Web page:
1. Nutrition:  Your body will be accumulating fatigue and stress and burning a lot of energy.  Treat it right by putting the right things in it and you’ll feel optimal through your training plan and in life.  Not only are you making sure to consume the number of calories you burn on a daily basis, but you are pre-planning your training days with what you will need for the duration of the workload ahead of you.  Plan and play with your fuel source you will use during the event in your training.  This is the best way to make sure that your body will digest effectively what you give it.  For example, are you lactose intolerant?  Don’t fill your bottle with powders containing whey products!  Do you know how much water and electrolytes you will need per hour? Good things to understand so you can train and race to your maximal potential.  Quite simply, the body just cannot work for you if it’s not properly fueled.  This is an endurance sport, you’re out there for long periods of time, be nice and take care because this body needs to last you a lifetime, not just this race.

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  1. Active Recovery and Sleep: My last piece of advice is to always manage your recovery cycles.  No matter how hard you push your body, you will not experience fitness gains without pulling back and allowing for rest.  The body enjoys full days of rest combined with active easier days.   Spinning casually, going for a walk, or jumping into the pool.  Clients that work with me that have a background of different sports find themselves being asked to do these on their active recovery days.  The gains we see are incredible. The body also needs a certain amount of sleep to fully allow for fitness gains.   How much rest the body needs, whether active recovery, full days off, or sleeping, is particular to each athlete.   Be true to yourself and take rest when you feel is necessary.

Last year, while I was training for the BC Bike Race, which is a 7-day stage race in Canada, I used the Chino Grinder event and trainings leading up to it to prepare the endurance aspect of this race.  I fully belief that if you adhere, understand, and incorporate the above points of discussion, you too will find success in your gravel grinding adventures.  As did I by finishing 5th overall female and 1st overall female duo at BC Bike.  If you have any questions relating to training for Chino Grinder, please do not hesitate to reach out to kataskaggs@gmail.com or you can contact me through my website at www.coachkata.com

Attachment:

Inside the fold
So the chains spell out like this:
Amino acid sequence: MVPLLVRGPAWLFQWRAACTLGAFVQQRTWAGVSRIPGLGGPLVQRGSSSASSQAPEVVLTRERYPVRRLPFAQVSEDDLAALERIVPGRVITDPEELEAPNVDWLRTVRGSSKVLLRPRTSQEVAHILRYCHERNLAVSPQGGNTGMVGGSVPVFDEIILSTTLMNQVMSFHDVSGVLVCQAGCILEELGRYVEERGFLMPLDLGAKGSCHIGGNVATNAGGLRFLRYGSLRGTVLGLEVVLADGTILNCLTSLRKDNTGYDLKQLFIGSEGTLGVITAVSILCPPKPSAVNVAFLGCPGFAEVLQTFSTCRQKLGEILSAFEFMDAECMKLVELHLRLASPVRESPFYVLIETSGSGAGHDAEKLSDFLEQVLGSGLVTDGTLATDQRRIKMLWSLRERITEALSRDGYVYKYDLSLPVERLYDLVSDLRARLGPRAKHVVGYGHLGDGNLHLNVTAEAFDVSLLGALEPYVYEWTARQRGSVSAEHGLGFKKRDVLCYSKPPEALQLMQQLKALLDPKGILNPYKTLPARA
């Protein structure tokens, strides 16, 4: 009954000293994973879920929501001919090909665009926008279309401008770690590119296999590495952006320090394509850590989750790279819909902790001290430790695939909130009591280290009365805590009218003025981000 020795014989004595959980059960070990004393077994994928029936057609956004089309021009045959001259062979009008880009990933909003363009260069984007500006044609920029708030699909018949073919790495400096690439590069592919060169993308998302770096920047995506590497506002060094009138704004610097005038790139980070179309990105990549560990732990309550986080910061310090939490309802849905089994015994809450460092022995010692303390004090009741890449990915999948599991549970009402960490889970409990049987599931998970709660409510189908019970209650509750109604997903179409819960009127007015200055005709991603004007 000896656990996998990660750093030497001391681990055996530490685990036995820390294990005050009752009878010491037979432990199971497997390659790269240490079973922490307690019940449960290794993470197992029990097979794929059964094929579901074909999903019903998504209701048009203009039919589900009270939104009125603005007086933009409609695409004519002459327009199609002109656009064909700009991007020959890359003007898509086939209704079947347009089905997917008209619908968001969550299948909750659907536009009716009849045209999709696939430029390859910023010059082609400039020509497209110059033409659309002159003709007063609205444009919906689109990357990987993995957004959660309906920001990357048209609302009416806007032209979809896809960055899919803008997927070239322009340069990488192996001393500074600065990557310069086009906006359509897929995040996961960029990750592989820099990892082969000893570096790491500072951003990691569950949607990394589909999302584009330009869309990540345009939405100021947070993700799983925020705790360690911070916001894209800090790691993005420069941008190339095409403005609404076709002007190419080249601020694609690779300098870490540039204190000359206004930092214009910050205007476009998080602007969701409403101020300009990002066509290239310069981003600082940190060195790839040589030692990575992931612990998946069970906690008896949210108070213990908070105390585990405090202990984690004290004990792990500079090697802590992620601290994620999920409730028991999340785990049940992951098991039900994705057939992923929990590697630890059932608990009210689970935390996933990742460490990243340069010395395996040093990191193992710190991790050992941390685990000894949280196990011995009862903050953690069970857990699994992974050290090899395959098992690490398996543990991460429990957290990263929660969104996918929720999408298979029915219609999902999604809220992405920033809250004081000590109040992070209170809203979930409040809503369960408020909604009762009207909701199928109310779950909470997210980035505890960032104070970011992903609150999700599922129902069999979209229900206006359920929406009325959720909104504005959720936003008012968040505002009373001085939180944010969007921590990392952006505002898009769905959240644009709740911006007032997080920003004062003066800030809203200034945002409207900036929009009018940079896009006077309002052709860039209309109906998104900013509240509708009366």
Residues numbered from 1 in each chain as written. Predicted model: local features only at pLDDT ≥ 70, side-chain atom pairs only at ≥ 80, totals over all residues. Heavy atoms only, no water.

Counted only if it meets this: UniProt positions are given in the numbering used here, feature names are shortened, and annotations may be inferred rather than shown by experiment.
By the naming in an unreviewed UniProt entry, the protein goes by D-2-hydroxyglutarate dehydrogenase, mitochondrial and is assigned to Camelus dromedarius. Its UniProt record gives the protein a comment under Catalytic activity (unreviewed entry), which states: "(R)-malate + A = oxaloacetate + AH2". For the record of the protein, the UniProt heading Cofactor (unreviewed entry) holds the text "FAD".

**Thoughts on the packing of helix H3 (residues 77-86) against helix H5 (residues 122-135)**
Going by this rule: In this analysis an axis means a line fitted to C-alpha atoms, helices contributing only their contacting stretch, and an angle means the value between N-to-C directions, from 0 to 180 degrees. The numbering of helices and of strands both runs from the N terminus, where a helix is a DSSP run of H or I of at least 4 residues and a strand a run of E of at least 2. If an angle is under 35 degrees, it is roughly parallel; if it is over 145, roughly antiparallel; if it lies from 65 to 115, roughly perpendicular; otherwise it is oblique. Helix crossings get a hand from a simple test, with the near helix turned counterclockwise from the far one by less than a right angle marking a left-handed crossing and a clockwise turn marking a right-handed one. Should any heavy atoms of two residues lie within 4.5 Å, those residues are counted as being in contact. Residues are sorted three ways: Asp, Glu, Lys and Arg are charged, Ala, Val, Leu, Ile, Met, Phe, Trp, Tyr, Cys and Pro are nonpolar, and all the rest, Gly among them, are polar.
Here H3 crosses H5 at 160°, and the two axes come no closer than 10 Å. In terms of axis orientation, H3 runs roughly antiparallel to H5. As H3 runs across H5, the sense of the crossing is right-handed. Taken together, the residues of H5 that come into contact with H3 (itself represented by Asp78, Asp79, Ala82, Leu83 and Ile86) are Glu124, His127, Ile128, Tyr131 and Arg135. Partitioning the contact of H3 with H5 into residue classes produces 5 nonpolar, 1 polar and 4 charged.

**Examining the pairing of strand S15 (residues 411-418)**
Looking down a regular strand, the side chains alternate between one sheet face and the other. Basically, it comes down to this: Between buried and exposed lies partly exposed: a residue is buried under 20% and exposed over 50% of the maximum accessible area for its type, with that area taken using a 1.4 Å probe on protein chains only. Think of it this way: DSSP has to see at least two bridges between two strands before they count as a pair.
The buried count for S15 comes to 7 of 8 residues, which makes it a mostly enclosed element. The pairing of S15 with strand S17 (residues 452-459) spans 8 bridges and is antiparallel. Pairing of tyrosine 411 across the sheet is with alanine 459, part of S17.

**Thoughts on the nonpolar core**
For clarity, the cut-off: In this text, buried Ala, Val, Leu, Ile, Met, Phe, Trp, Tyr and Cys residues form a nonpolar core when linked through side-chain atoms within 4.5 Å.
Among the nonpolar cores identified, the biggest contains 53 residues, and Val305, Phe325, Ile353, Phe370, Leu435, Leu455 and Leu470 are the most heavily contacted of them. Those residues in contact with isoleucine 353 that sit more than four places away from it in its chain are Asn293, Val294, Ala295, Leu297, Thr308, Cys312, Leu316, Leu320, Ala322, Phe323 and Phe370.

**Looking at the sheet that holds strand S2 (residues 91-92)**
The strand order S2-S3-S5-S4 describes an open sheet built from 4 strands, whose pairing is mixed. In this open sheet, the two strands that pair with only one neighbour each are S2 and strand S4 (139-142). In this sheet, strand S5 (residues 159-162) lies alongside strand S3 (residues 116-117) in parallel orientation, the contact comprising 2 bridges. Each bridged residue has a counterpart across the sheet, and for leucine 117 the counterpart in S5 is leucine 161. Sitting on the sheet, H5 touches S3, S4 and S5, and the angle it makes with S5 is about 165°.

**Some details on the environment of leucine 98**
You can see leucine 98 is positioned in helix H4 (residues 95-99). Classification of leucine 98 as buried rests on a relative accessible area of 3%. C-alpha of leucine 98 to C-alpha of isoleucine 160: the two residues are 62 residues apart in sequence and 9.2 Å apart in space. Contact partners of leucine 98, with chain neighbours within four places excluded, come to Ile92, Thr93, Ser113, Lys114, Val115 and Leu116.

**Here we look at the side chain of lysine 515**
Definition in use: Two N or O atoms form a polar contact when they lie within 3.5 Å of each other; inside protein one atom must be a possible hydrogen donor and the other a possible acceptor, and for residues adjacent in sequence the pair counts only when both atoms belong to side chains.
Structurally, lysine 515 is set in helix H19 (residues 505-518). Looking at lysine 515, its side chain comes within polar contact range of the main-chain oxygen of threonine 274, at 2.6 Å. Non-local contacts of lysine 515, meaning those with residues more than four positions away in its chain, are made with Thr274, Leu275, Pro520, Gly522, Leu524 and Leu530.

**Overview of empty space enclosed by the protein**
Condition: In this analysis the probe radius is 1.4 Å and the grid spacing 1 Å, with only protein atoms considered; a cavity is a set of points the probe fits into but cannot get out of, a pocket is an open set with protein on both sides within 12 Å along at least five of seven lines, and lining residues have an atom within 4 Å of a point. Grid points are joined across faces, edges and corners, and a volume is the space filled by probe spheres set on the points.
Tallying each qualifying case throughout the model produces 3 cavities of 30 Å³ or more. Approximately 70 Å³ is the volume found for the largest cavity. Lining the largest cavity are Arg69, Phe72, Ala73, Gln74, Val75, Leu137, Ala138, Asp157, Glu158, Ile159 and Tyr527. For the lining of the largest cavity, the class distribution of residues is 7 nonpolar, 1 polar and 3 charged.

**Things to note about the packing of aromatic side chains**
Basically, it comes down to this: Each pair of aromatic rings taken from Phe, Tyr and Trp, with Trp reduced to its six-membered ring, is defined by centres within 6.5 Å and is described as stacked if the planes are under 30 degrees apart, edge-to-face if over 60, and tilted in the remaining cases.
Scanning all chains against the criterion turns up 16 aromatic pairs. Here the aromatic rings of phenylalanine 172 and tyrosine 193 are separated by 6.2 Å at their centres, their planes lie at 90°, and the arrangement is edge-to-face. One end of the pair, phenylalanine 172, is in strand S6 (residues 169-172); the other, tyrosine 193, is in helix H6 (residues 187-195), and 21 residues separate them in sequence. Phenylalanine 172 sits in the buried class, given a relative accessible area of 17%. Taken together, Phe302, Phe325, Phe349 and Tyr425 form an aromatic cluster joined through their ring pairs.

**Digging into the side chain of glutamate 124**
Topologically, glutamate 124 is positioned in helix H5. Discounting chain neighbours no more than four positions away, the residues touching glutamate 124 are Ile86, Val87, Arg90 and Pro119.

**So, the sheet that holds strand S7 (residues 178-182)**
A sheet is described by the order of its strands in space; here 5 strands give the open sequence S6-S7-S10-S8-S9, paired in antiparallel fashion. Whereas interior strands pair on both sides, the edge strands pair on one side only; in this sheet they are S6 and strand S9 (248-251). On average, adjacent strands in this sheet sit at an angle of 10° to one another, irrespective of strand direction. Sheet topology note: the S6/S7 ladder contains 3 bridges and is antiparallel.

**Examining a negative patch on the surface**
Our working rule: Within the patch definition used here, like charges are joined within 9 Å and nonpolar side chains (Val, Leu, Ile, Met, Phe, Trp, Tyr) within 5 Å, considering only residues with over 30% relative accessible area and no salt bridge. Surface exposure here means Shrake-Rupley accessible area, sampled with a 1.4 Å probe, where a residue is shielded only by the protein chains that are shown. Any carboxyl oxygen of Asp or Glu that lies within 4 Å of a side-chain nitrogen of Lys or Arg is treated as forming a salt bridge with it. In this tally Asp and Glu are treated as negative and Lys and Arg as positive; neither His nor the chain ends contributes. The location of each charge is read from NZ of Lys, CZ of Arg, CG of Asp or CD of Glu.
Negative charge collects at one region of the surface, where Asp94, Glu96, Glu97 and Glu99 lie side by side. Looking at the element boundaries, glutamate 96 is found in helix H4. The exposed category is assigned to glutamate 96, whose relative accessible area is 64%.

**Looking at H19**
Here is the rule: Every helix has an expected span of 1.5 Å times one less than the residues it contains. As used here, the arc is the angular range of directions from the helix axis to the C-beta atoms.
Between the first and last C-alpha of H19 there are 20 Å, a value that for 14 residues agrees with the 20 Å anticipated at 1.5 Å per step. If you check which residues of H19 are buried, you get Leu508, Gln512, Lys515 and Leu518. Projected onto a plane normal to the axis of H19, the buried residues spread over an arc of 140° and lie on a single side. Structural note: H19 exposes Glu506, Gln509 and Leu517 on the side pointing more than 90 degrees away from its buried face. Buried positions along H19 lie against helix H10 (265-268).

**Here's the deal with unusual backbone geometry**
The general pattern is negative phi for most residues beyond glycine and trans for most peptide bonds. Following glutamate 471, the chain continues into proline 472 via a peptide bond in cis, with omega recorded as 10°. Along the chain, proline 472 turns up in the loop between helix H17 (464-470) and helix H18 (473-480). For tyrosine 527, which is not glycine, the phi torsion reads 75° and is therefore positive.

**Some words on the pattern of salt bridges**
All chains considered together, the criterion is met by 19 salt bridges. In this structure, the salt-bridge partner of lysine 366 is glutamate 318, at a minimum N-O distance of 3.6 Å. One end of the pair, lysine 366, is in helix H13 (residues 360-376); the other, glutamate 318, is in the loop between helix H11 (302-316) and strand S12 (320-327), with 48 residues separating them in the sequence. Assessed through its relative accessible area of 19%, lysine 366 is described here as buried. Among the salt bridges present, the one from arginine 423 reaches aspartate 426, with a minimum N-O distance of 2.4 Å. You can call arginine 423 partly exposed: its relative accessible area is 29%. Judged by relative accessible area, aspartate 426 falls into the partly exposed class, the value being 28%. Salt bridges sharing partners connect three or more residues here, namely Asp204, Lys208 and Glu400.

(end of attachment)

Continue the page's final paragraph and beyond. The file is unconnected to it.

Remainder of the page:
Safe trainings!

Posted in bikes, Chino Grinder, cycling events, dropbar mountain bike, gravel, gravel bike tires, gravel bikes, gravel grinder, gravel racing, nutrition

Surviving the Chino Grinder

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1. Train – the fastest folks will finish in just over 5 hours but the rest of us will be on the bike for 7 to 8 hours. Ride your bike, concentrate on getting one long ride in per weekend. Try to pre-ride the course, if you can’t do the full course at least take in the dirt section. Bike Prescott and Riding AZ Gravel do numerous rides on the same roads used by the Chino Grinder.

2. Tires – Don’t ride anything smaller than a 32mm tire, the 35mm seems to be the most common tire run at Chino. Personally, I like running a 40mm up front and 35mm in the rear. Do a few training rides on the tires you plan on running at the event!

3. Pace – Don’t over do it! It’s going to be a long day on the bike, 108 miles with nearly 10K of climbing. Every year we have a number of experienced cyclist get to the paved climb (30 miles from the start) and abandon because they started to fast.

4. Ride on gravel/dirt – Be sure do some training on dirt and gravel roads. 64 Miles of the 108 mile Chino Grinder are dirt and gravel roads, being comfortable on the dirt sections will pay dividends come event day.

5. Be prepared – master chain link, spare tubes(2), multi tool, chain break tool, tire levers, pump/ CO2, cell phone, sun screen, patch kit and warm gear (course goes above 7800 ft at highest point!).

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6. Eat and Drink – There are five aid stations. Take advantage of them. You’ll need to consume 200 to 300 calories per hour. Nothing worse than that depleted feeling in the final miles before the finish line.

7. Chain lube – Don’t skimp on the chain lube. The usually dry dusty conditions of the dirt sections wreak havoc on your chain, if there is mud even more so.

8. Bottle cages – This is not the event for a super light flimsy cage. Do some research, I use a stainless steel cage made by Delta Cycles and have never lost a bottle let alone broke a cage.

9. Your rig – Make sure you test your setup before May 6th. Proper bike fit is essential as it increases comfort, speed and efficiency. Check out the section “Lessons Learned” of Kit Plummer’s experiences at the 2015 Chino Grinder. If you haven’t had a bike fit you might consider contacting one of our sponsoring bike shops for an evaluation.